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Adirondack Explorer

Archive for the ‘Natural History’ Category

March, 2016

Trees: White Pine Bears Important Fruit


The old saw “money doesn’t grow on trees” will remain valid unless bartering ever becomes the norm, in which case fruit and nut growers will be awash in tree-grown currency. Figuring exchange rates would be quite a headache, I imagine. Our eastern white pine isn’t considered a crop-bearing tree and it certainly doesn’t sprout cash, but it has borne priceless ‘fruit’ all the same. The tallest trees this side of the Rockies, white pines of up to 230 feet were recorded by early loggers. The current US champion stands at 188 feet tall, and in New York State we have >>More


March, 2016

Adirondack Wildlife: Weasel Evel Knievels


My friend Gordon Russell sent me a letter recently describing a wildlife encounter. He had been following deer tracks along a stone wall when a movement caught his attention. “Almost before its image could travel to my brain,” he wrote, “the white head of a weasel vanished in between the stones.” The animal popped up again, disappeared, and then revealed itself a third time, next to where Gordon was standing. Gordon looked at the weasel. The weasel looked at Gordon. Gordon squeaked. And then: “my day exploded.” “From the wall, to the ground, to my pant leg, to my shoulder, >>More


March, 2016

DEC Seeks Assistance In Locating Black Bear Dens


New York State Department of Environmental Conservation (DEC) wildlife biologists are seeking the public’s help to learn about new black bear dens throughout New York. As part of DEC’s ongoing monitoring of black bears in New York, wildlife biologists routinely check on black bears during the winter den season. The bears may be fitted with a radio collar to help biologists track the bears’ activities throughout the rest of the year and to relocate dens in subsequent years for monitoring cub production, condition, and survival. Bears may den in a » Continue Reading. The post DEC Seeks Assistance In Locating >>More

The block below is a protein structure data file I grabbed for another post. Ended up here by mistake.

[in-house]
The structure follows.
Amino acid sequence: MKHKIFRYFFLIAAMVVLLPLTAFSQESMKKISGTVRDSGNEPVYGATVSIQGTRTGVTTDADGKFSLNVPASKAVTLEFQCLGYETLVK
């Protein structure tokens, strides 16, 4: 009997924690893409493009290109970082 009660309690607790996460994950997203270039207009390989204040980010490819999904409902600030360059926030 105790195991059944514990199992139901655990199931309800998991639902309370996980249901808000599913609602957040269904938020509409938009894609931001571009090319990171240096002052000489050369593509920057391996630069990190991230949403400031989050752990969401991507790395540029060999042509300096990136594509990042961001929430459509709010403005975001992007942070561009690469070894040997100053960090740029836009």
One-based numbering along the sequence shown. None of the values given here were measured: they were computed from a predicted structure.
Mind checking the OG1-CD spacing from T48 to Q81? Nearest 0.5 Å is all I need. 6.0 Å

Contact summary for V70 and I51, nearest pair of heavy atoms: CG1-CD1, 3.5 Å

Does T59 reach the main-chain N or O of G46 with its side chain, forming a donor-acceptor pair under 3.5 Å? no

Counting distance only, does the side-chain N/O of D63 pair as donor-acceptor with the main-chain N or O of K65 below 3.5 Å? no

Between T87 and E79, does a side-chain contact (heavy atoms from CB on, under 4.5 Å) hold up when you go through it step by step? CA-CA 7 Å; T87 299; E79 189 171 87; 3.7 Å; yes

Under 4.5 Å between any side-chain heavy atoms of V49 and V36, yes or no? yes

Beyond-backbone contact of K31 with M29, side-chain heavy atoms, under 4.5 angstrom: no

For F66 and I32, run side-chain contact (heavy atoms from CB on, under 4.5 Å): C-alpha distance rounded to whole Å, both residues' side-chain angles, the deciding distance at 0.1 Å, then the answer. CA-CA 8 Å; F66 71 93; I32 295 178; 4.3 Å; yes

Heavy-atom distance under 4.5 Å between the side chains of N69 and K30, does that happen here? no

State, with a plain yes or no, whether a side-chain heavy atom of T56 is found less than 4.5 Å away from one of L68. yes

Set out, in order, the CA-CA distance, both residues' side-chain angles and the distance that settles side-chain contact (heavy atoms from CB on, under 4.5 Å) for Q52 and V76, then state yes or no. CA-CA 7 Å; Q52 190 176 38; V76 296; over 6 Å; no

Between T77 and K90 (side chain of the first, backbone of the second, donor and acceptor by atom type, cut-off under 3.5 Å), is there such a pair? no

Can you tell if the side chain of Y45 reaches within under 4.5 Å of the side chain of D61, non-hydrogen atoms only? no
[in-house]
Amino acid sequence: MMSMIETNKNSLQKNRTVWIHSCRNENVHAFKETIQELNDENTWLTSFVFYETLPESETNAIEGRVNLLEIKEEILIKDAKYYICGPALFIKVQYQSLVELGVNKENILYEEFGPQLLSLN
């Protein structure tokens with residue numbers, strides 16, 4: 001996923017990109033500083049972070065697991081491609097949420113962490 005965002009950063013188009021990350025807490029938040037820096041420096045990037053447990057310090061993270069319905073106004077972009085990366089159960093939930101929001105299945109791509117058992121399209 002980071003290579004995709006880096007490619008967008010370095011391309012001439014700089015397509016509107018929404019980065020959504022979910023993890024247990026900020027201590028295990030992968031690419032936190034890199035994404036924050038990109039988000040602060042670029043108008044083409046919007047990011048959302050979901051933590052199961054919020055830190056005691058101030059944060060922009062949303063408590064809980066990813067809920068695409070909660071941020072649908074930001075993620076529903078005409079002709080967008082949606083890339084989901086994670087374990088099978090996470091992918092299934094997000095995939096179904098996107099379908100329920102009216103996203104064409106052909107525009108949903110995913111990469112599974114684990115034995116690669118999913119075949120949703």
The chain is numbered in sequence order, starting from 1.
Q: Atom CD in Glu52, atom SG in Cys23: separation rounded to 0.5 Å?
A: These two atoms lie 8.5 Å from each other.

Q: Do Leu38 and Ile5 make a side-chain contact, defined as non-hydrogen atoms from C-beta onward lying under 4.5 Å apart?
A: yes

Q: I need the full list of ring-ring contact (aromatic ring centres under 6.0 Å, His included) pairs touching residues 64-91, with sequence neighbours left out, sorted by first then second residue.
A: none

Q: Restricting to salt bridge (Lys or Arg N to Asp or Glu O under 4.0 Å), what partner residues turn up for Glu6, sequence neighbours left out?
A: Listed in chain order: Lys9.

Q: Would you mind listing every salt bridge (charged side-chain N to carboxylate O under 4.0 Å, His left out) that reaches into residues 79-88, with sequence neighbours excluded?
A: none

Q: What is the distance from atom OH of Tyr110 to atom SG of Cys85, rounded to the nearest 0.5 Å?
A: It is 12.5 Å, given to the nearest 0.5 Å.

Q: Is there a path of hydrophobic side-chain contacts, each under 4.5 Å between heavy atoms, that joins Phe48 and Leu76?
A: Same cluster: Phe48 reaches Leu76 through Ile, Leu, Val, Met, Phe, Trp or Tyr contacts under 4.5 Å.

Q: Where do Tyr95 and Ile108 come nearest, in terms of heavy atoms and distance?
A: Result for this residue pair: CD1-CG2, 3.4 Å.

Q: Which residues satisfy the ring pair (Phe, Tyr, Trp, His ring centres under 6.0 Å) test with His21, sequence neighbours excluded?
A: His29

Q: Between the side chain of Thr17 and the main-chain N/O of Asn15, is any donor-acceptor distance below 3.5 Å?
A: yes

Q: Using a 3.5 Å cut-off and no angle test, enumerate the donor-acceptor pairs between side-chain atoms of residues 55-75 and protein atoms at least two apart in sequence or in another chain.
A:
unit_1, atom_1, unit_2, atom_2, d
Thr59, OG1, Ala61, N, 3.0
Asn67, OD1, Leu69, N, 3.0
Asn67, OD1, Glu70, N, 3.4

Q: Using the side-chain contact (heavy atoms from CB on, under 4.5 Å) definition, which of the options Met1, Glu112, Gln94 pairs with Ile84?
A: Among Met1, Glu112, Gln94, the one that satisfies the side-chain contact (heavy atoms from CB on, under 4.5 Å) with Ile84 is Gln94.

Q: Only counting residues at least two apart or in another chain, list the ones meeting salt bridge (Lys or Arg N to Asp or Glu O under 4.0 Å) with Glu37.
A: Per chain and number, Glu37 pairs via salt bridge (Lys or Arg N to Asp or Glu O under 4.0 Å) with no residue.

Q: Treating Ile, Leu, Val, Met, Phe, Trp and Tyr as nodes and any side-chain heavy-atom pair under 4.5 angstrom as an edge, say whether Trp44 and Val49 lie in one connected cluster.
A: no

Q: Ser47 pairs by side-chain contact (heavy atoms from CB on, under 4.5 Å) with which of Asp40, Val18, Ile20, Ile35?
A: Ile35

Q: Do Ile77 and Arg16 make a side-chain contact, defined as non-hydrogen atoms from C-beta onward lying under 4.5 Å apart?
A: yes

March, 2016

In Adirondack Forests, Trees Age Differently


Senescence is the decline in vigor that happens to all creatures great and diminutive as they close in on the life expectancy of their species. People my age suddenly find they require reading glasses to see the phone book. Though I suppose by definition anyone still using a phone book is old enough to need glasses, right? The onset of this process varies — you probably know of families whose members frequently retain good health into their 90s, and other families where that is not the case. Of course environment is important. Eating and sleeping well, cultivating gratitude, and laughing >>More


March, 2016

Lake Champlain Sturgeon Program Planned For Thursday


The Lake Champlain Basin Program is hosting “Lake Sturgeon Return!” on Thursday, March 3, 2016 at the LCBP office in Grand Isle. The LCBP will host guest speaker Chet MacKenzie, Vermont Fish and Wildlife Fisheries Program Manager. MacKenzie will share the life cycle of the sturgeon, photos and images of lake sturgeon, and preliminary results of Vermont’s sturgeon tagging program. The lake sturgeon (Acipenser fulvescens), is one of about 25 species of sturgeon, an ancient bottom feeder with a partly cartilaginous skeleton. Lake sturgeons can grow to more than seven feet long and weigh over 240 pounds. Lake sturgeon are >>More